Hi. I know how you feel. I recently got involved with HPRP. I don't have restrictions on opiates but it is hard finding work. I use to take pride in my license but this HPRP business is really taxing. I have to get use to telling someone "my story" and reporting it on time...lol. I was an weed/pot smoker and I guess I did not feel 3 years of HPRP was fair. Its been 4 months and I am still adjusting, not as well yet as I would have hoped. The main problem I have is the reporting. I use to feel like a capable adult of making my own decisions (since 17 1/2 years old ) and now have to feel like I have to ask permission to work, what hours to work etc. Hang in there, I know I am trying. I stopped looking for work for a second, but we went thru to much to give up the nursing and start something else (believe me I have giving it much thought too). So I brushed myself off *sighs* and I am presently going to give it another try. In my state the say..."oh you can't work that, theres no worksite monitor", or when I mention I NEED a worksite monitor or I am involved with HPRP some jobs decline an offer...good luck. I am still going to give it a try. One day maybe it will be ok to be human...we all make mistakes, but we shouldn't keep being punished for them, especially if we are doing all the things they ask, and still get no where...this is my constant stress and thoughts. Thanks for letting me vent.....:angryfire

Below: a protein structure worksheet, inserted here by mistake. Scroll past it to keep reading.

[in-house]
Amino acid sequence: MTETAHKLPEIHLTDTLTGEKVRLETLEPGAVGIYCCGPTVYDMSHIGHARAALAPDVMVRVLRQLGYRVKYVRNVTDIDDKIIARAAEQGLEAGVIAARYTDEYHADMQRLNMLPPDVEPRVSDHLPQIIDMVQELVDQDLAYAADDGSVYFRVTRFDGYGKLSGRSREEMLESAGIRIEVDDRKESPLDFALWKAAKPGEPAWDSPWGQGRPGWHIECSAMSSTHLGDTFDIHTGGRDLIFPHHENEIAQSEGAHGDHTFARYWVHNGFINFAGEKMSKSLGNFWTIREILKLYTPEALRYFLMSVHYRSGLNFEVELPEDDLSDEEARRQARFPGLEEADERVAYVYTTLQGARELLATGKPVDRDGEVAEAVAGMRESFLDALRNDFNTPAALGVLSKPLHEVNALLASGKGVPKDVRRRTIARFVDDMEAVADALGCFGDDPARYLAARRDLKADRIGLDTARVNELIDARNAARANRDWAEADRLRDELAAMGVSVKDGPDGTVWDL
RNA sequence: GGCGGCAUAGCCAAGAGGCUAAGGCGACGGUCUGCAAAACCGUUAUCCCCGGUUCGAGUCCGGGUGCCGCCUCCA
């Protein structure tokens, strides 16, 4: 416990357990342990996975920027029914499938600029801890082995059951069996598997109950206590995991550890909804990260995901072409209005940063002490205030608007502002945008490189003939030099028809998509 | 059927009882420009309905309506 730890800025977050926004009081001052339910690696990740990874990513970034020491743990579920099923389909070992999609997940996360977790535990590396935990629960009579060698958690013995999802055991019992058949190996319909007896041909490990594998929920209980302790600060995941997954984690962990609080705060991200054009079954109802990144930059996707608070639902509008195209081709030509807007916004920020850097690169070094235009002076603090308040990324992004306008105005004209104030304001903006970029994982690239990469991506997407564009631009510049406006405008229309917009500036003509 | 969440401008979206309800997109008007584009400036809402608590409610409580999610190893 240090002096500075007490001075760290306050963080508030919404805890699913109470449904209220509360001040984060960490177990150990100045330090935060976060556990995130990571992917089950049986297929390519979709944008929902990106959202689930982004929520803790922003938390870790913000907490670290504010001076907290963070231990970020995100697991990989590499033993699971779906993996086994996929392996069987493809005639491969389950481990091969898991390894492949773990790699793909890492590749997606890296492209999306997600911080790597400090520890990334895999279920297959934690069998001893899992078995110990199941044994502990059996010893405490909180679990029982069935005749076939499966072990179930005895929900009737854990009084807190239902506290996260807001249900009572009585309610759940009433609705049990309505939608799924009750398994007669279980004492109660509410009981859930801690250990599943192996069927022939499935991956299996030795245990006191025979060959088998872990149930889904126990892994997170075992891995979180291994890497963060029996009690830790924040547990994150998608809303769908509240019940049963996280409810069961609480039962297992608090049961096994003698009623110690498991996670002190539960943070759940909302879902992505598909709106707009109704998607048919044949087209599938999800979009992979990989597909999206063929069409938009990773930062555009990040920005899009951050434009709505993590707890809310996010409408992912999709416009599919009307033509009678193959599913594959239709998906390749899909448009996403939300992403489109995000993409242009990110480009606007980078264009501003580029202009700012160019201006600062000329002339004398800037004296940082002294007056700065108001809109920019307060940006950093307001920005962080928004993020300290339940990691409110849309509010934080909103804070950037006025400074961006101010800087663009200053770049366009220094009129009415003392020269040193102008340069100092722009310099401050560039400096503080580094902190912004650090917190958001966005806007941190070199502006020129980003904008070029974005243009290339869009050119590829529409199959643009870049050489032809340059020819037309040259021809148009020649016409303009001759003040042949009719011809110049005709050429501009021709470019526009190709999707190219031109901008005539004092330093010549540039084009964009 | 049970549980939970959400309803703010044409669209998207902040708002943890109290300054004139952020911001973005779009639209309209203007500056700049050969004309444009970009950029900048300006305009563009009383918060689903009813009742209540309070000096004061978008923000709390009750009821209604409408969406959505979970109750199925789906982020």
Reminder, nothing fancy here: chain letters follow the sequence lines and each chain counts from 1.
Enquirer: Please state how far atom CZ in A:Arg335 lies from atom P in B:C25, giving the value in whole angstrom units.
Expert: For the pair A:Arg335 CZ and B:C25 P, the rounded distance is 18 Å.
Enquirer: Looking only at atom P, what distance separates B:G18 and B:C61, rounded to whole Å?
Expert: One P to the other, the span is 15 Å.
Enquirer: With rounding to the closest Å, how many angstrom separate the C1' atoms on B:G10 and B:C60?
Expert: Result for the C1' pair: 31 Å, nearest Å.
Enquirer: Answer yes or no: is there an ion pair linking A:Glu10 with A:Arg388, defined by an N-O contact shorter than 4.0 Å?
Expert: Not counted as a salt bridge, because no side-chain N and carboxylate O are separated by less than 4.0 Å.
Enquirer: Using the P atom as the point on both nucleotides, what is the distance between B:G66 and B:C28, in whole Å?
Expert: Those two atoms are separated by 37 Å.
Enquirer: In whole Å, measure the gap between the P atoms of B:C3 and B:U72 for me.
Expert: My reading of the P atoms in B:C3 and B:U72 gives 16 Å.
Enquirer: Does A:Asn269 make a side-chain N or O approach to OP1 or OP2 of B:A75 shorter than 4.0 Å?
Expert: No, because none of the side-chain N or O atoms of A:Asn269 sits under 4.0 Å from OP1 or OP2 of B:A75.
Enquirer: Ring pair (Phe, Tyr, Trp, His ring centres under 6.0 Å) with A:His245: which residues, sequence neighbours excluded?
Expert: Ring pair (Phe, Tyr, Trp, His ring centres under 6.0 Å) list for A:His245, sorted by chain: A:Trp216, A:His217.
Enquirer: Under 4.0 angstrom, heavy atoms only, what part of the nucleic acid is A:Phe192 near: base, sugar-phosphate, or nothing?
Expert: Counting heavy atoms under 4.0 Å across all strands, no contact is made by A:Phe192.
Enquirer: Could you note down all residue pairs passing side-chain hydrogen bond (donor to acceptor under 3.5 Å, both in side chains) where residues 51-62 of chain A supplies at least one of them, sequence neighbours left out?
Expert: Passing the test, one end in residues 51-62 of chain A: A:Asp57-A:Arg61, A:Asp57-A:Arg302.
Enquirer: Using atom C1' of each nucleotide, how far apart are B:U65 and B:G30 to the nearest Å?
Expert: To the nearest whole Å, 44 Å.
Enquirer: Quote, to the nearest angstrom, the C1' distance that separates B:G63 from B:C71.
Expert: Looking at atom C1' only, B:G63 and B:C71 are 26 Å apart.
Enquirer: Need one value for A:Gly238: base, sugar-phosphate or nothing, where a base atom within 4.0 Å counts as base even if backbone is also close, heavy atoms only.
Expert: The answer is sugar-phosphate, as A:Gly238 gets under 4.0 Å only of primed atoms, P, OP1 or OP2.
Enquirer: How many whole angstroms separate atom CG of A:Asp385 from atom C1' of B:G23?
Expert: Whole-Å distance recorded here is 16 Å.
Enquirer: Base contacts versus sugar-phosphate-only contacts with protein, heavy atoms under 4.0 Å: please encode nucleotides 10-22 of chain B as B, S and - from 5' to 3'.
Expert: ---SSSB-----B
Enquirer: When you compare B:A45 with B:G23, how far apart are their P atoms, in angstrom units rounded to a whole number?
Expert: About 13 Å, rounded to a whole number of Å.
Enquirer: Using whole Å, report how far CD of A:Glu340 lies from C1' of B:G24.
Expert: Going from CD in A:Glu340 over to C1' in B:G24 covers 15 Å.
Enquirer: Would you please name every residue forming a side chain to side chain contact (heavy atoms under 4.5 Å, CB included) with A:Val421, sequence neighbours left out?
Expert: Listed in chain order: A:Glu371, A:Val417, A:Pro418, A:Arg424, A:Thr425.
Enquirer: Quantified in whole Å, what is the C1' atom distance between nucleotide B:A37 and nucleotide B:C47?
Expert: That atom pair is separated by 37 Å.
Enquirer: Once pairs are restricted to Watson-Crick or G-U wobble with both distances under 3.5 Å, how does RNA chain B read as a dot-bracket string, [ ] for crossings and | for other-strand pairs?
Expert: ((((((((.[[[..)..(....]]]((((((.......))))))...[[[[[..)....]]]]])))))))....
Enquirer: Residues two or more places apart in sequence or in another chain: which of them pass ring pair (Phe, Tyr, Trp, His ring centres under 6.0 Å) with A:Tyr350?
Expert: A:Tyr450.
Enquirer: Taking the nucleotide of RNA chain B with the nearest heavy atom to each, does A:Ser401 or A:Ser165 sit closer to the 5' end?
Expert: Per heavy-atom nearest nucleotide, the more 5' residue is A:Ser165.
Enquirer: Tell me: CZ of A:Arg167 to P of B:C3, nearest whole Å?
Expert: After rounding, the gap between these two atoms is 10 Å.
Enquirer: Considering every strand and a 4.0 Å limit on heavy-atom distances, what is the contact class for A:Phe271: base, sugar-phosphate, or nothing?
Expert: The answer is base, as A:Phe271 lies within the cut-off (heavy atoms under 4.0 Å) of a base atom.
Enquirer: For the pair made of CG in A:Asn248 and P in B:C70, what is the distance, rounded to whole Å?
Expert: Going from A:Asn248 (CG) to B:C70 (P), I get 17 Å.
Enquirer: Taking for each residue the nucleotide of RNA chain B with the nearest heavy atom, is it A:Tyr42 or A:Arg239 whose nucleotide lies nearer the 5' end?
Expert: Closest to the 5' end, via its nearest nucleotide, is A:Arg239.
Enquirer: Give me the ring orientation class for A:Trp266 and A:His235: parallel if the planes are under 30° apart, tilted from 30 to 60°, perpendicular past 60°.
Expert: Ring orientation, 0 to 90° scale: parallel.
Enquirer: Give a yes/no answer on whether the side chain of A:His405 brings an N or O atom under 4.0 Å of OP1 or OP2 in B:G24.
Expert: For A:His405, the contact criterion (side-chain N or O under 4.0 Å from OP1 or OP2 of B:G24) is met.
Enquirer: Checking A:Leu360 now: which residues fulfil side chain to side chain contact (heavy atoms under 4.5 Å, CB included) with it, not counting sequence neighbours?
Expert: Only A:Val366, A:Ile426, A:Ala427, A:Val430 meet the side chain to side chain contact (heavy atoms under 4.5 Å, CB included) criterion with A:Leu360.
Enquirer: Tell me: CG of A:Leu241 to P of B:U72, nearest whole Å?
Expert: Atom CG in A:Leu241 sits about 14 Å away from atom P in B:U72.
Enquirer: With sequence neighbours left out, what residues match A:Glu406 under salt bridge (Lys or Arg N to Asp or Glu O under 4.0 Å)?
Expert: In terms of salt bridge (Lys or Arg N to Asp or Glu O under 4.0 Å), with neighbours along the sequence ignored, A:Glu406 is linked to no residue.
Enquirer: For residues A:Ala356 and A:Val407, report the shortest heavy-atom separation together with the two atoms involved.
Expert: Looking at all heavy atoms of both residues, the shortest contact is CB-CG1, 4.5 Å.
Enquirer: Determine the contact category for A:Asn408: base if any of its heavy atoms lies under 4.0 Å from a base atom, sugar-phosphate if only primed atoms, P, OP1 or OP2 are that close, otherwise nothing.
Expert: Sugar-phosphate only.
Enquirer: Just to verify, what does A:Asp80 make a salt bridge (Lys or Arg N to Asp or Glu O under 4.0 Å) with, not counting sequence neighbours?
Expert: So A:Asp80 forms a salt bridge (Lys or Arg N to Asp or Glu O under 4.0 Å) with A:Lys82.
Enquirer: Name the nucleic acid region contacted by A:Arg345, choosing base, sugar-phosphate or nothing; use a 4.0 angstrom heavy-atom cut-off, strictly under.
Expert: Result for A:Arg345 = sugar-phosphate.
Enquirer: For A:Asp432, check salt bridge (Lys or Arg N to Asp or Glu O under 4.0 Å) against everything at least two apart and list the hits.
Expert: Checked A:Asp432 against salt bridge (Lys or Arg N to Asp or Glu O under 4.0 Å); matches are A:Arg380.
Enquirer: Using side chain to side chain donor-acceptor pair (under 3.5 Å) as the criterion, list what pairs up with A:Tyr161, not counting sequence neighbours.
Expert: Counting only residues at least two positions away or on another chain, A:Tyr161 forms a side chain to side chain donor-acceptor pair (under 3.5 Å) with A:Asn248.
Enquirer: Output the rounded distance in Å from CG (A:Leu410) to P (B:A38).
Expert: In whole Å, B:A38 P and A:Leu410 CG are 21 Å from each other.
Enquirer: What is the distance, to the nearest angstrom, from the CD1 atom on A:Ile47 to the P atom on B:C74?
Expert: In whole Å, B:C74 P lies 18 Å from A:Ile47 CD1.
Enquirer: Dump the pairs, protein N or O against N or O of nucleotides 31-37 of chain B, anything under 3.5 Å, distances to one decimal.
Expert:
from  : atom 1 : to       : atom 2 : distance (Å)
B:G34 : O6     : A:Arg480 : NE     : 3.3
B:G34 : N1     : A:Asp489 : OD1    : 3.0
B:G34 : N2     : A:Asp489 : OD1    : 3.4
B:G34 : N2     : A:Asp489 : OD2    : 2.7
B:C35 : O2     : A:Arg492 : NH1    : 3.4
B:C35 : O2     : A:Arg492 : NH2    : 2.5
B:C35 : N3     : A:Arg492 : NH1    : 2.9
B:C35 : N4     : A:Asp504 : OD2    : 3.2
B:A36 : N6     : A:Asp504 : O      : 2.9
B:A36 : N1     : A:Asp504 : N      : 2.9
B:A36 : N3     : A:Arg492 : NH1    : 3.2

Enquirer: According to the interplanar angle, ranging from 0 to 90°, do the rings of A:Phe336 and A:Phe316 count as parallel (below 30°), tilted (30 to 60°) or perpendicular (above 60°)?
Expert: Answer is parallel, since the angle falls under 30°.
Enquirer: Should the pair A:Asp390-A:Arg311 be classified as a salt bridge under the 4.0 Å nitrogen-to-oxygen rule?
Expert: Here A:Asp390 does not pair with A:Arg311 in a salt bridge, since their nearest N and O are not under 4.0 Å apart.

Smoochesfromme
  8. by   nurscathwil
    it is so hard to grow up, but up we must go, lest we fall. do it one day at a time. the main things are go to meetings, read the literature, and trust in a power greater than yourself.

    remember it's the action that gets us anywhere.

    nurscat
  9. by   TazziRN
    Welcome to recovery! I was allowed to go back to my unit without med access, but I knew other in my support group who were not allowed back in pt care right away. One went to emp. health. One even went to the Red Cross Blood Unit and liked it so much she stayed with them even when she finished the diversion program. There was another who could not find a position in the hospital and ended up working as a waitress for a while until she could find something. Pray and trust that your Higher Power will keep you safe. What lands in your lap may not be desirable at first but it may be the best thing for you. Good luck.

    Tazzi
    12 years and 6 months sober
  10. by   nurscathwil
    by the way, so you know i'm not talking without merit, i have been in recovery for 3 yrs and 7 months

    nurscat
  11. by   TazziRN
    Quote from smoochesfromme